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2015.12.13

Raspberry Pi vs USB vs Mac Audio

The audio hardware of Raspberry Pi is known to produce relatively poor sound quality. I bought a cheap USB sound card to try as an alternative. Here is what I found.

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2013.06.13

How to make a MacBook Kensington Lock Adapter

Apple, in its infinite wisdom, has not included a Kensington lock slot in the current model of the MacBook Pro computer. Given the computer's price, desirability, and the fact that three people I know have had theirs stolen, I decided to build an improvised adapter that would allow me attach a Kensington lock to the computer. I realize, that the security offered by such a contraption is what my colleague Vassilis Prevelakis calls an "advisory lock", for Kensington locks can be easily picked or pried away. However, I think it might deter a casual thief who would snatch the laptop you've left unattended for a couple of minutes.

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2009.09.16

Applied Code Reading: Debugging FreeBSD Regex

When the code we're trying to read is inscrutable, inserting print statements and running various test cases can be two invaluable tools. Earlier today I fixed a tricky problem in the FreeBSD regular expression library. The code, originally written by Henry Spencer in the early 1990s, is by far the most complex I've ever encountered. It implements sophisticated algorithms with minimal commenting. Also, to avoid code repetition and increase efficiency, the 1200 line long main part of the regular expression execution engine is included in the compiled C code three times after modifying various macros to adjust the code's behavior: the first time the code targets small expressions and operates with bit masks on long integers, the second time the code handles larger expressions by storing its data in arrays, and the third time the code is also adjusted to handle multibyte characters. Here is how I used test data and print statements to locate and fix the problem.

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2009.07.13

Madplay on an Intel Mac

Numerous MP3 players around my house pull music from a central file server. The hardware I'm using is extremely diverse and many devices can nowadays be politely described as junk: they include 100MHz Pentiums with 16MB RAM, and an ARM-based prototype lacking support for floating point operations. For the sake of simplicity I've standardized the setups around a web server running on each machine to list static HTML pages containing the available music files, and simple shell-based CGI clients that invoke madplay to play the music. When I added an Intel-based Mac to the mix I found that madplay refused to work, producing only a white noise hiss.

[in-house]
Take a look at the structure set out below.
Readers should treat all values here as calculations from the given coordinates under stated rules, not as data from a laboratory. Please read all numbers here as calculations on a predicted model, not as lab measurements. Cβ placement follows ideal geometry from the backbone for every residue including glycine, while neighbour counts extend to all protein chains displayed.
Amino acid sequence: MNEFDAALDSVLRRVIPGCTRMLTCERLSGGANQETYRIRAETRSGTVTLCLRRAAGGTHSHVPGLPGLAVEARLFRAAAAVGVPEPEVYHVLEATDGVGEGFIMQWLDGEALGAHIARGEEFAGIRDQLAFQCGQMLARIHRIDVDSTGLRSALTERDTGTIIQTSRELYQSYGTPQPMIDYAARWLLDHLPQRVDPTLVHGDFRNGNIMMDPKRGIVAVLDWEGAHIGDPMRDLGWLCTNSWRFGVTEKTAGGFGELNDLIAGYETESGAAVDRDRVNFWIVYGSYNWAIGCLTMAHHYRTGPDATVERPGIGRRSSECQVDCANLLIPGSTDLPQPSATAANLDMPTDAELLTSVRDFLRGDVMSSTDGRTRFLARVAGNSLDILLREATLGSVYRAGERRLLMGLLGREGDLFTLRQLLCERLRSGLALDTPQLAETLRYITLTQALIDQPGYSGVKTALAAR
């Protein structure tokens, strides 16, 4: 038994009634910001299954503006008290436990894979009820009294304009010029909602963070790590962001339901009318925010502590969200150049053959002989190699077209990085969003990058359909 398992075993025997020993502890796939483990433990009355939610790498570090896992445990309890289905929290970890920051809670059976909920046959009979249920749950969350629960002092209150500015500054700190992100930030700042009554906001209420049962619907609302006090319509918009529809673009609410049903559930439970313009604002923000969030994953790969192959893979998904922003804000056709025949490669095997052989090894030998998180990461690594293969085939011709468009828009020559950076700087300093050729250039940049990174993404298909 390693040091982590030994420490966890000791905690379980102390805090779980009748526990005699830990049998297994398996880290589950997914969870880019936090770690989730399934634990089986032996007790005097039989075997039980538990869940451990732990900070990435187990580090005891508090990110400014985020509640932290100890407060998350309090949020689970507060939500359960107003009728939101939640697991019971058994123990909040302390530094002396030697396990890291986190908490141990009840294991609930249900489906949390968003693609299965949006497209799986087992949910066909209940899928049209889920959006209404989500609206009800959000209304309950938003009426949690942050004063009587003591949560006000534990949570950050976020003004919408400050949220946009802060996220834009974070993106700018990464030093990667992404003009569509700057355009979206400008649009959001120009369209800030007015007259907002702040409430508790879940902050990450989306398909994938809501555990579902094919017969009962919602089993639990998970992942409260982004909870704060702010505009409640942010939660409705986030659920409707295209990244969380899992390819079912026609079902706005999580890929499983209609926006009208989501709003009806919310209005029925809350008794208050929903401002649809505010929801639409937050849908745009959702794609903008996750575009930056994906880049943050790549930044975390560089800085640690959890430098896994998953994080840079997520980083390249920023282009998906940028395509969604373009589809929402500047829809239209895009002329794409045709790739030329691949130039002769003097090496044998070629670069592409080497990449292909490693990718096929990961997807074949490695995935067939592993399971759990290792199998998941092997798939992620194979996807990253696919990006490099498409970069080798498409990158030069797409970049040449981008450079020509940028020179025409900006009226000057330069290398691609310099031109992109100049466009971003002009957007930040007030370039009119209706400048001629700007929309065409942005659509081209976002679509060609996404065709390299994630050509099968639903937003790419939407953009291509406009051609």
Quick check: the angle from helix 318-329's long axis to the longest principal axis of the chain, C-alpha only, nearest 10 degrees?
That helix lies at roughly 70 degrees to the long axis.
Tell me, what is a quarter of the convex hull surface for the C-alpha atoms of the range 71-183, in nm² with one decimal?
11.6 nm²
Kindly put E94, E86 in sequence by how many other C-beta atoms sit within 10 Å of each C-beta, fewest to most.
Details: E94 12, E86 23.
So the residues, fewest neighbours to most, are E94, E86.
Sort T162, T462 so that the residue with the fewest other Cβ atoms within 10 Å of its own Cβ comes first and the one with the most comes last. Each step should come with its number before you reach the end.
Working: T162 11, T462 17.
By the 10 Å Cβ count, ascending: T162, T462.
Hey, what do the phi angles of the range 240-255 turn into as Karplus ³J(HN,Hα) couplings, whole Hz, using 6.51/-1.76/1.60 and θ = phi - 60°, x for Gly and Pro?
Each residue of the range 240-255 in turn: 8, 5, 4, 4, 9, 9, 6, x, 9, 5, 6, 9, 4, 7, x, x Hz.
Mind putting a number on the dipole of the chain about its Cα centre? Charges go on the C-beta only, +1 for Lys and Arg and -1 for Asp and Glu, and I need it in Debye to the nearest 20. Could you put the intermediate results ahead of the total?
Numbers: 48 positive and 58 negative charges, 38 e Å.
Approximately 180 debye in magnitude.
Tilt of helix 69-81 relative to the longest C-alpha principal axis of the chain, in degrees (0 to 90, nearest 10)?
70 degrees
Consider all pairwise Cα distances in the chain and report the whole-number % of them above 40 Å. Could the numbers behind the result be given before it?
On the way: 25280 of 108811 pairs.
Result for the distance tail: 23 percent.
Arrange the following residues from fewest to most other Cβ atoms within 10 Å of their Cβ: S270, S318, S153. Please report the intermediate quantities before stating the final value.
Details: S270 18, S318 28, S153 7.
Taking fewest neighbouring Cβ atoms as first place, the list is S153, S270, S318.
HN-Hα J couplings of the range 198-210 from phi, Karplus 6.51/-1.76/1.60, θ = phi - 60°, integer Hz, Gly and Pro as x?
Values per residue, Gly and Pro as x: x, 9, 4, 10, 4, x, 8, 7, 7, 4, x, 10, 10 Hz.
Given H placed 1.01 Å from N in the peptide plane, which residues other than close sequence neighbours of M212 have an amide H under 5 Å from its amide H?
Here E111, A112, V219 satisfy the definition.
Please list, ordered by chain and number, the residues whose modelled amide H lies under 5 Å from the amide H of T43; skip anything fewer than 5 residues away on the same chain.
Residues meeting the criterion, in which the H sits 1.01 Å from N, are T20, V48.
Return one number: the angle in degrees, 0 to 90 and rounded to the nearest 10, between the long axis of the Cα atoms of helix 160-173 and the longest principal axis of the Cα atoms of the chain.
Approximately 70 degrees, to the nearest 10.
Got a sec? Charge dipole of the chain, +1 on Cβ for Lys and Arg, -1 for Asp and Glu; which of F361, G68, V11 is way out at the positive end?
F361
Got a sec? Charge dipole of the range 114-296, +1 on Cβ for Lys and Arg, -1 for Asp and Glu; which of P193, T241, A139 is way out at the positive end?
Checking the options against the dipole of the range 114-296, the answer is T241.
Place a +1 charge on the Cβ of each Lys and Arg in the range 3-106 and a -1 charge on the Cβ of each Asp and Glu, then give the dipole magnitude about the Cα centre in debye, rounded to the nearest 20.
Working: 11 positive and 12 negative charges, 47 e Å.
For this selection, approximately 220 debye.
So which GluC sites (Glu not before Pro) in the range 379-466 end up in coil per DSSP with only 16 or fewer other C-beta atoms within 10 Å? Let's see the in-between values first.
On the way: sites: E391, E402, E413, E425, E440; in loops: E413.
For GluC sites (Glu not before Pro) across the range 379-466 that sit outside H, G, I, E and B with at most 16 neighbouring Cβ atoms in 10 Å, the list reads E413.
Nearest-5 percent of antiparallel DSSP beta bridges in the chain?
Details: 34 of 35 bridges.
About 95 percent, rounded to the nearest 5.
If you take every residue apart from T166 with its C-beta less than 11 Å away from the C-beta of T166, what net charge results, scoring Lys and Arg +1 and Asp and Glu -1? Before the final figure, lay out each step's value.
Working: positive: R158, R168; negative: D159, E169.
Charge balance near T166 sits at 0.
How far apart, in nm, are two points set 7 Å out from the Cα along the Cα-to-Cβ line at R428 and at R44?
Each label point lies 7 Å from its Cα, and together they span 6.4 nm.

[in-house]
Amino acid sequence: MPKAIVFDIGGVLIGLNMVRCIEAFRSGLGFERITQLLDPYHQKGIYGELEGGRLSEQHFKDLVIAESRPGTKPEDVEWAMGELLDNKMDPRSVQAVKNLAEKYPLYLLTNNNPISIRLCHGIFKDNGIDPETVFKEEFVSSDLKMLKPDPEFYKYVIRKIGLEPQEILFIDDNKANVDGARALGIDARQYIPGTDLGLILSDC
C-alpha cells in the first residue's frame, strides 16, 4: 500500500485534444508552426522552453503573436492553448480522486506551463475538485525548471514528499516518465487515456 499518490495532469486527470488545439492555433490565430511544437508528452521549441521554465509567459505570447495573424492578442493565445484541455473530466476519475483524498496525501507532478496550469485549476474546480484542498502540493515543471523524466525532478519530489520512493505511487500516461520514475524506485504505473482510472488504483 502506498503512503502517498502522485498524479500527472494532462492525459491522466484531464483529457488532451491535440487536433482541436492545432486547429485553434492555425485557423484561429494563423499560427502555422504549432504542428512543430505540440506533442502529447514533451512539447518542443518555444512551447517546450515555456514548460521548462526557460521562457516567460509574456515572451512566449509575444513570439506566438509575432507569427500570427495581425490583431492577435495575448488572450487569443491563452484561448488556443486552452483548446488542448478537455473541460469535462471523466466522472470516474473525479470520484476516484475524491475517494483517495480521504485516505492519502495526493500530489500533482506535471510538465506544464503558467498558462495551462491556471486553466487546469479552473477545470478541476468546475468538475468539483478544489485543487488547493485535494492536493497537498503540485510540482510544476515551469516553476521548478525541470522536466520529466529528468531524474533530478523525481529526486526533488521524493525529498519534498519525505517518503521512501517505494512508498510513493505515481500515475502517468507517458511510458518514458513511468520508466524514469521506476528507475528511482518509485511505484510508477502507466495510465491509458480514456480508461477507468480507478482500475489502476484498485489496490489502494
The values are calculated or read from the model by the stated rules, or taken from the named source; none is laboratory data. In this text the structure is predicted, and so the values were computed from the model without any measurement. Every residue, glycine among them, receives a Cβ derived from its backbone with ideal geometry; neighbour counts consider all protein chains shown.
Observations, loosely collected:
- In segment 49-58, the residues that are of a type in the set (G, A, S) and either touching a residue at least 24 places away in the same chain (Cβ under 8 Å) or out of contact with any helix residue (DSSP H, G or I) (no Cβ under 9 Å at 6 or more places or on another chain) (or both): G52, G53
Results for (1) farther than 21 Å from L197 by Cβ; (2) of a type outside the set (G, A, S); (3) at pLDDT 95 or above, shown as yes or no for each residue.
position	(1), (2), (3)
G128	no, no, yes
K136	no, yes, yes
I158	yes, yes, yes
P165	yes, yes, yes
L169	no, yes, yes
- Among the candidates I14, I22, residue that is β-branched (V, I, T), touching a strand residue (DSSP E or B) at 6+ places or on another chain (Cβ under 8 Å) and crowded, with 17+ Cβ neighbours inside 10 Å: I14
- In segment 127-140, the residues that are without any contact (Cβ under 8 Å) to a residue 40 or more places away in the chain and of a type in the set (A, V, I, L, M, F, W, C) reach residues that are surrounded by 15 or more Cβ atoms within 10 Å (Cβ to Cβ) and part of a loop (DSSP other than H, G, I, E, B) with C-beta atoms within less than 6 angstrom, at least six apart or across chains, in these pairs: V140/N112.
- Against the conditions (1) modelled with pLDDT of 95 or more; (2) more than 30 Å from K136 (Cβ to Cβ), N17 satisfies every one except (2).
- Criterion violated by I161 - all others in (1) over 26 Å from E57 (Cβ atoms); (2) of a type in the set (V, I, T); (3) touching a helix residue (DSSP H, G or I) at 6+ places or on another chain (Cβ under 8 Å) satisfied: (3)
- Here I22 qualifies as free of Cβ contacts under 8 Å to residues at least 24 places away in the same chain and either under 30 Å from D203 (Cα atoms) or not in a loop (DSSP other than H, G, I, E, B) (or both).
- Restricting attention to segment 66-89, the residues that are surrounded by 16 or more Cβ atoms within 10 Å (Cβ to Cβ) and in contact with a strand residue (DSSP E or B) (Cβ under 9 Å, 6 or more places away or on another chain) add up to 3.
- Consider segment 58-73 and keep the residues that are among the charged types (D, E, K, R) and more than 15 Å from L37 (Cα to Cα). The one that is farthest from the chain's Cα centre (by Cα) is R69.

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2009.05.07

Fixing the Orientation of JPEG Photographs

I used to fix the orientation of my photographs through an application that would transpose the compressed JPEG blocks. This had the advantage of avoiding the image degradation of a decompression and a subsequent compression.

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2006.09.30

Cross Compiling

Cross compiling software on a host platform to run on a different target used to be an exotic stunt to be performed by the brave and desperate. One had first to configure and build the compiler, assembler, archiver, and linker for the different architecture, then cross-build the other architecture's libraries, and finally the software. This week, while preparing a new release of the CScout refactoring browser I realized that what was once a feat is nowadays a routine operation.

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2005.08.09

Everything Old is New Again

In 1984 the new kid on the block was Borland's Sidekick. A terminate and stay resident (TSR) program for MS-DOS, it would run in the background, and when it detected the two shift keys being pressed it would overlay the (then character) screen with a calculator, a notepad, a calendar, a dialer or an ASCII table.

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2005.06.23

XML Abstraction at the Wrong Level

Over the last month I've encountered two applications that use XML at the wrong level of abstraction. Instead of tailoring the schema to their needs, they use a very abstract schema, and encode their elements at a meta level within the XML data. This approach hinders the verification and manipulation of the corresponding XML files.

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2004.10.06

Apple's Presence in Greece Appears to be a Joke.

Earlier today I tried to buy an Airport Express base station by visiting what appeared to be an Apple store in Stournari street: the road in Athens with the largest physical concentration of computer shops.

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Unless otherwise expressly stated, all original material on this page created by Diomidis Spinellis is licensed under a Creative Commons Attribution-Share Alike 3.0 Greece License.